'Metroid Dread' reminded me why Metroid is an essential series

'Dread' works whether you're a total Metroid newbie or an experienced player.

Nintendo occasionally milks some of its big franchises, but Metroid is generally not one of them. In fact, Metroid Dread is the first all-new game in the series since the divisive Metroid: Other M arrived in 2010. As the fifth mainline, side-scrolling game in the series, Dread has a lot to live up to. And while it’s not a total reinvention of the franchise, like Metroid Prime was 19 years ago, it also does a great job of avoiding the pitfall of feeling like a retread, an issue that occasionally plagues Nintendo’s other flagship franchises.

If you’ve played any of the previous side-scrolling Metroid games, Dread will be familiar. As usual, Samus Aran loses all her powers and needs to escape an underworld maze, fighting baddies and retrieving power-ups that let you explore new sections (or old parts of the map you couldn’t get through before).

That’s a well-trodden path, but Nintendo flipped things this time with the E.M.M.I. encounters, terrifying robotic enemies that stalk you through specific parts of the map. They can’t be killed until you explore their area to find a weapon power-up that puts you on equal footing. At first, I was worried that these encounters would be too frequent, or too hard to escape, but developer MercurySteam did an excellent job balancing out the E.M.M.I. areas. Escaping from the dreaded robots by leaving the zones they patrol isn’t too tough, and you don’t have to spend so long in their areas that the whole game devolves into stealth tension.

On the other hand, if you get caught by an E.M.M.I., that’s pretty much it. You have one chance to block their lethal attack, and I’ve only done it right once. I’ve probably gotten caught several dozen times and have never made it out alive. Fortunately, the game just resets you to the door entering the E.M.M.I. zone if you fail, so you won’t lose much progress.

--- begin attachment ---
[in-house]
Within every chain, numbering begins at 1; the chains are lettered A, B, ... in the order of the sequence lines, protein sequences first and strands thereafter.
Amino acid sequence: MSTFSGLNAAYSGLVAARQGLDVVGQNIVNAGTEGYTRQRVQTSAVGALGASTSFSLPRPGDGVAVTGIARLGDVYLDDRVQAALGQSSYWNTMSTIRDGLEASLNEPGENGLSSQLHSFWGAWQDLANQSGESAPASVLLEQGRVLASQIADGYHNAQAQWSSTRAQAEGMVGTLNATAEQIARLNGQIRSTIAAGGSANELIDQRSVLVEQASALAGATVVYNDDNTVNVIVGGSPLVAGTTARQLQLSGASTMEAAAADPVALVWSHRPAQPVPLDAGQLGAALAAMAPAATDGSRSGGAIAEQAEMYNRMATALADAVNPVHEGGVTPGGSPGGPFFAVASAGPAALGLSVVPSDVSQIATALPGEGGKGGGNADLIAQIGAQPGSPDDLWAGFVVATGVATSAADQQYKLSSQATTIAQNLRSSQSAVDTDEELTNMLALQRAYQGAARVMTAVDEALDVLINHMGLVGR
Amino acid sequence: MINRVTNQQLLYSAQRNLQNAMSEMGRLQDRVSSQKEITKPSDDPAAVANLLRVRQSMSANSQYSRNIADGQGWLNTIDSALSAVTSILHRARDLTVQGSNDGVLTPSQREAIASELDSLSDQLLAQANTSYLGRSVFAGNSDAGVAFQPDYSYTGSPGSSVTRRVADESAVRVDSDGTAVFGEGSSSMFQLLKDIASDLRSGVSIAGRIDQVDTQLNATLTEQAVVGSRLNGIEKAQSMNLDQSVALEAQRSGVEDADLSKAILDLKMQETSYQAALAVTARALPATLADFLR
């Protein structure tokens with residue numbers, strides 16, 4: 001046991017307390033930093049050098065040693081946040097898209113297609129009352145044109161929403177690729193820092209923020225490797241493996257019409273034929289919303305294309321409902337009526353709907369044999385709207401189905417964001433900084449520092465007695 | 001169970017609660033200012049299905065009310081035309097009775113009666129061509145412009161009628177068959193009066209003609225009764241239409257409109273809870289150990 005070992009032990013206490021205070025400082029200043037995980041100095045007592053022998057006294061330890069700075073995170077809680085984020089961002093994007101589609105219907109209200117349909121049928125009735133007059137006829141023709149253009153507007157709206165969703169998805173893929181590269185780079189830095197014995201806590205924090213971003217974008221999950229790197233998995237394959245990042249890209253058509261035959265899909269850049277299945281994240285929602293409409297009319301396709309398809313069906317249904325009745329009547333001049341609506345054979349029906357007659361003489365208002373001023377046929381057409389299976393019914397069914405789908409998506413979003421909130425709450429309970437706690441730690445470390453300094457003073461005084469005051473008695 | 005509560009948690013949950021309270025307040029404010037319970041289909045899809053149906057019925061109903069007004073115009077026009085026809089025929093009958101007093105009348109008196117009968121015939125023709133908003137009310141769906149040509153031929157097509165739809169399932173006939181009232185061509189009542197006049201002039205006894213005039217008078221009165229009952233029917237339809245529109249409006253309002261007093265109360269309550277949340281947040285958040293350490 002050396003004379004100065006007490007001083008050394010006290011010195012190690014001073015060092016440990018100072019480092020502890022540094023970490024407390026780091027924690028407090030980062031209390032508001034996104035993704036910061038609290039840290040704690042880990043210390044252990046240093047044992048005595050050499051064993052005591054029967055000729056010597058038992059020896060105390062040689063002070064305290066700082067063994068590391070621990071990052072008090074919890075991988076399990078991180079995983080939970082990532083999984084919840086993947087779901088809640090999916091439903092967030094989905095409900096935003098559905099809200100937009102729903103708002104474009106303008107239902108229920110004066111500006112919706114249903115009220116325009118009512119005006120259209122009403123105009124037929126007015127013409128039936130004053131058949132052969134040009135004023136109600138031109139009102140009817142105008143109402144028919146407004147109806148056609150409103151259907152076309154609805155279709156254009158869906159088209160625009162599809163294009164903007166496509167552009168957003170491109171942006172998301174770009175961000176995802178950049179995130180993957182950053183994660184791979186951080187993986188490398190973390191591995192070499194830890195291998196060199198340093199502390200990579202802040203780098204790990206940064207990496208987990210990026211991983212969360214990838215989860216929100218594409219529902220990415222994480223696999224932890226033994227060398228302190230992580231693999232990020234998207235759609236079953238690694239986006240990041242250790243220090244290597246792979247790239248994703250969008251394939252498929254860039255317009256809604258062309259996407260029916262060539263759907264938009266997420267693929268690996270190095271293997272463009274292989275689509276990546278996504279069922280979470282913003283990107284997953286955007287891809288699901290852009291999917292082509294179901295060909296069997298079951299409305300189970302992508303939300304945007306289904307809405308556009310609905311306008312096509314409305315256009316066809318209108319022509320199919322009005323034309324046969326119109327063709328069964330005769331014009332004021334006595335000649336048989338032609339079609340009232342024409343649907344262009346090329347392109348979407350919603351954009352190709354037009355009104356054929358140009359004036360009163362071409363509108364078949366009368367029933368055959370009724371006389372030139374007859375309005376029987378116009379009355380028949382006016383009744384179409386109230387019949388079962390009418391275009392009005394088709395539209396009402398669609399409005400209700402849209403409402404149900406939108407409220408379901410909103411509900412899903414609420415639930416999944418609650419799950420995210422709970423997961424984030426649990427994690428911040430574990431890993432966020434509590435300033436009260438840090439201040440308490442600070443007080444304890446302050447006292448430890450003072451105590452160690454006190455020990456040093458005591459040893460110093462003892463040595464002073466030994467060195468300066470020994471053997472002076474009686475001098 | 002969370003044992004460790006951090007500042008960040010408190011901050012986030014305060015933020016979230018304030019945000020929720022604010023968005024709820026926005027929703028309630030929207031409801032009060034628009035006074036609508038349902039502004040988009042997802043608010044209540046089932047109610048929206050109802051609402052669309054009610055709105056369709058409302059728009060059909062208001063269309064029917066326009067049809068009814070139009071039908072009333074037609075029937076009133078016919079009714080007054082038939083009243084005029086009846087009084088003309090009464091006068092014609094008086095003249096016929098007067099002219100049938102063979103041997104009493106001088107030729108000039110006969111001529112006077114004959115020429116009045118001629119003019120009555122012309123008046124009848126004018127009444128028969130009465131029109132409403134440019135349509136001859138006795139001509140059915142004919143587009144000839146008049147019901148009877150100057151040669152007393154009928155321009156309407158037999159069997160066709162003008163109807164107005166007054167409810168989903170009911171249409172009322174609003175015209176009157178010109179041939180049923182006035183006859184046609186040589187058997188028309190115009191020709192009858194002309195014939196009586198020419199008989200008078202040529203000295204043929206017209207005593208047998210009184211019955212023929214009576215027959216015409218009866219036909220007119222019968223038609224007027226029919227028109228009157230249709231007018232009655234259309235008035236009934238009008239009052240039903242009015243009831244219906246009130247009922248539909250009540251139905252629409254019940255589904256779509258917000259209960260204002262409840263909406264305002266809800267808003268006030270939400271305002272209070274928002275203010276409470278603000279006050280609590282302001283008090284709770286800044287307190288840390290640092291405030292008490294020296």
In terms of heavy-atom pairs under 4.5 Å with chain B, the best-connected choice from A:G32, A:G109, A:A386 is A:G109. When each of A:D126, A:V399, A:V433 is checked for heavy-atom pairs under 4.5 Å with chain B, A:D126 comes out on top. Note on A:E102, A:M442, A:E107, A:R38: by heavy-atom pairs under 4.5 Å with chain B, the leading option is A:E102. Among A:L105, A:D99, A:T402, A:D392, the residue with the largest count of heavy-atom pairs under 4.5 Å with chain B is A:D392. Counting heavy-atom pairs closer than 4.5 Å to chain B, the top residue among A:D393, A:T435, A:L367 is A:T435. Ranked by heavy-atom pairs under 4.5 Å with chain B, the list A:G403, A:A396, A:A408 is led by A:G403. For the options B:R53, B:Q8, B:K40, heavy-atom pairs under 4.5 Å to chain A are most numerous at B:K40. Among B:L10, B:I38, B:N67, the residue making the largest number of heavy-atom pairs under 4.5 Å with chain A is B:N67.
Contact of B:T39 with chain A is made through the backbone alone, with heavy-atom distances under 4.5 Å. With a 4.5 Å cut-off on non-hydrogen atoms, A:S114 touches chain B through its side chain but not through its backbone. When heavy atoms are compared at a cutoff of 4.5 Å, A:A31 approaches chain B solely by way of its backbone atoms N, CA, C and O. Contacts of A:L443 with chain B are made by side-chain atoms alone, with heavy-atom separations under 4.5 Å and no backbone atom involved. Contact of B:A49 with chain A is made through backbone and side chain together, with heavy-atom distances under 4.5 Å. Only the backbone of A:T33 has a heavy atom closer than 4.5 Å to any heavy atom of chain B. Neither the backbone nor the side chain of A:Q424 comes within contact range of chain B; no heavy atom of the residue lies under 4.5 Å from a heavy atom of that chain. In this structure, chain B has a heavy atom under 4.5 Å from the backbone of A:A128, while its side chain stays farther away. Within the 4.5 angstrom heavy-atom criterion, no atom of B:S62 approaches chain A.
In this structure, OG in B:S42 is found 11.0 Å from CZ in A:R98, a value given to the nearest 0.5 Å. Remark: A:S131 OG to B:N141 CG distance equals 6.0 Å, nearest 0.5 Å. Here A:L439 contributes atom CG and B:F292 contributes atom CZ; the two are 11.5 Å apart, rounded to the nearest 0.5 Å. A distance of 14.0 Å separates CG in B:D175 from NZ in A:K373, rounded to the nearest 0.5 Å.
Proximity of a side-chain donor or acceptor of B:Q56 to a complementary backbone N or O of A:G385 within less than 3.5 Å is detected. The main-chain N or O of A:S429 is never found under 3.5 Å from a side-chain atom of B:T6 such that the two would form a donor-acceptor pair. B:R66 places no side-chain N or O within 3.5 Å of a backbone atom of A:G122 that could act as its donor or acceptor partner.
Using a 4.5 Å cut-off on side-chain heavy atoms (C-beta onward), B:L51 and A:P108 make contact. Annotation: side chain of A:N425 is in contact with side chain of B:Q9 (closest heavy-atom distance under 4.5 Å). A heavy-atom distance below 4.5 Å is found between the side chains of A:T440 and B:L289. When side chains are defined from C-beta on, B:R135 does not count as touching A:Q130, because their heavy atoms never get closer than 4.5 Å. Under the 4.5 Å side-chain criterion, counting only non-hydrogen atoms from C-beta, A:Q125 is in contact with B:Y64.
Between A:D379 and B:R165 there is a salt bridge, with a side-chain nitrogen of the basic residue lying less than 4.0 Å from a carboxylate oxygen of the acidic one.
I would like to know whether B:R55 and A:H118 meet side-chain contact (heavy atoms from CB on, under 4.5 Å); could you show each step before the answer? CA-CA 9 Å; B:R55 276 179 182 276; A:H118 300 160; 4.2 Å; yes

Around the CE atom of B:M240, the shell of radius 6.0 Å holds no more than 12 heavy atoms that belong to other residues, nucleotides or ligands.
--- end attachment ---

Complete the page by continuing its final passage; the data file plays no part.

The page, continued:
Metroid Dread

Meanwhile, I’ve had a blast exploring the dank tunnels and caverns that make up the world of Dread. As with most Nintendo games, the atmosphere and art style are top-notch, even if Dread doesn’t hold a candle to the more technologically advanced titles on the Xbox Series X or PS5. When I play a game that is this well-designed and thoughtful about what it does with the technology available to it, I don’t worry about counting pixels. That said, it also looks extremely impressive docked to my 4K TV.

Most of the gameplay hallmarks of Metroid titles are here, including power-ups like charged shots, the morph ball, the missile cannon and plenty of other returning favorites. But there’s enough new here, like the grapple beam and screw attack, to keep the game feeling fresh.

Maybe for people who have obsessively played the Metroid series before, Dread will feel like more of a retread. But while I’m familiar with the core components of these games, the first-person Metroid Prime is the game I know the best — I never beat the original game, or the highly-regarded Super Metroid on the Super NES. If you’re like me, don’t let that stop you from trying Metroid Dread. There’s a reason so-called Metroidvania games are still popular.

And if you haven’t tried one before, getting the newest installment in the series that helped define the genre is a great way to get your feet wet. Most importantly, it doesn’t feel like MercurySteam and Nintendo just checked the boxes for this game. Indeed, the skill that MercurySteam brought to Samus Returns (a remake of 1991’s Metroid II: Return of Samus for the Game Boy) is on display here; Nintendo definitely picked the right developer to make the first mainline Metroid game since 2002. It’s an inspired addition to a series that already has an impressive legacy. Just don’t get cocky — run like hell if an E.M.M.I. tracks you down.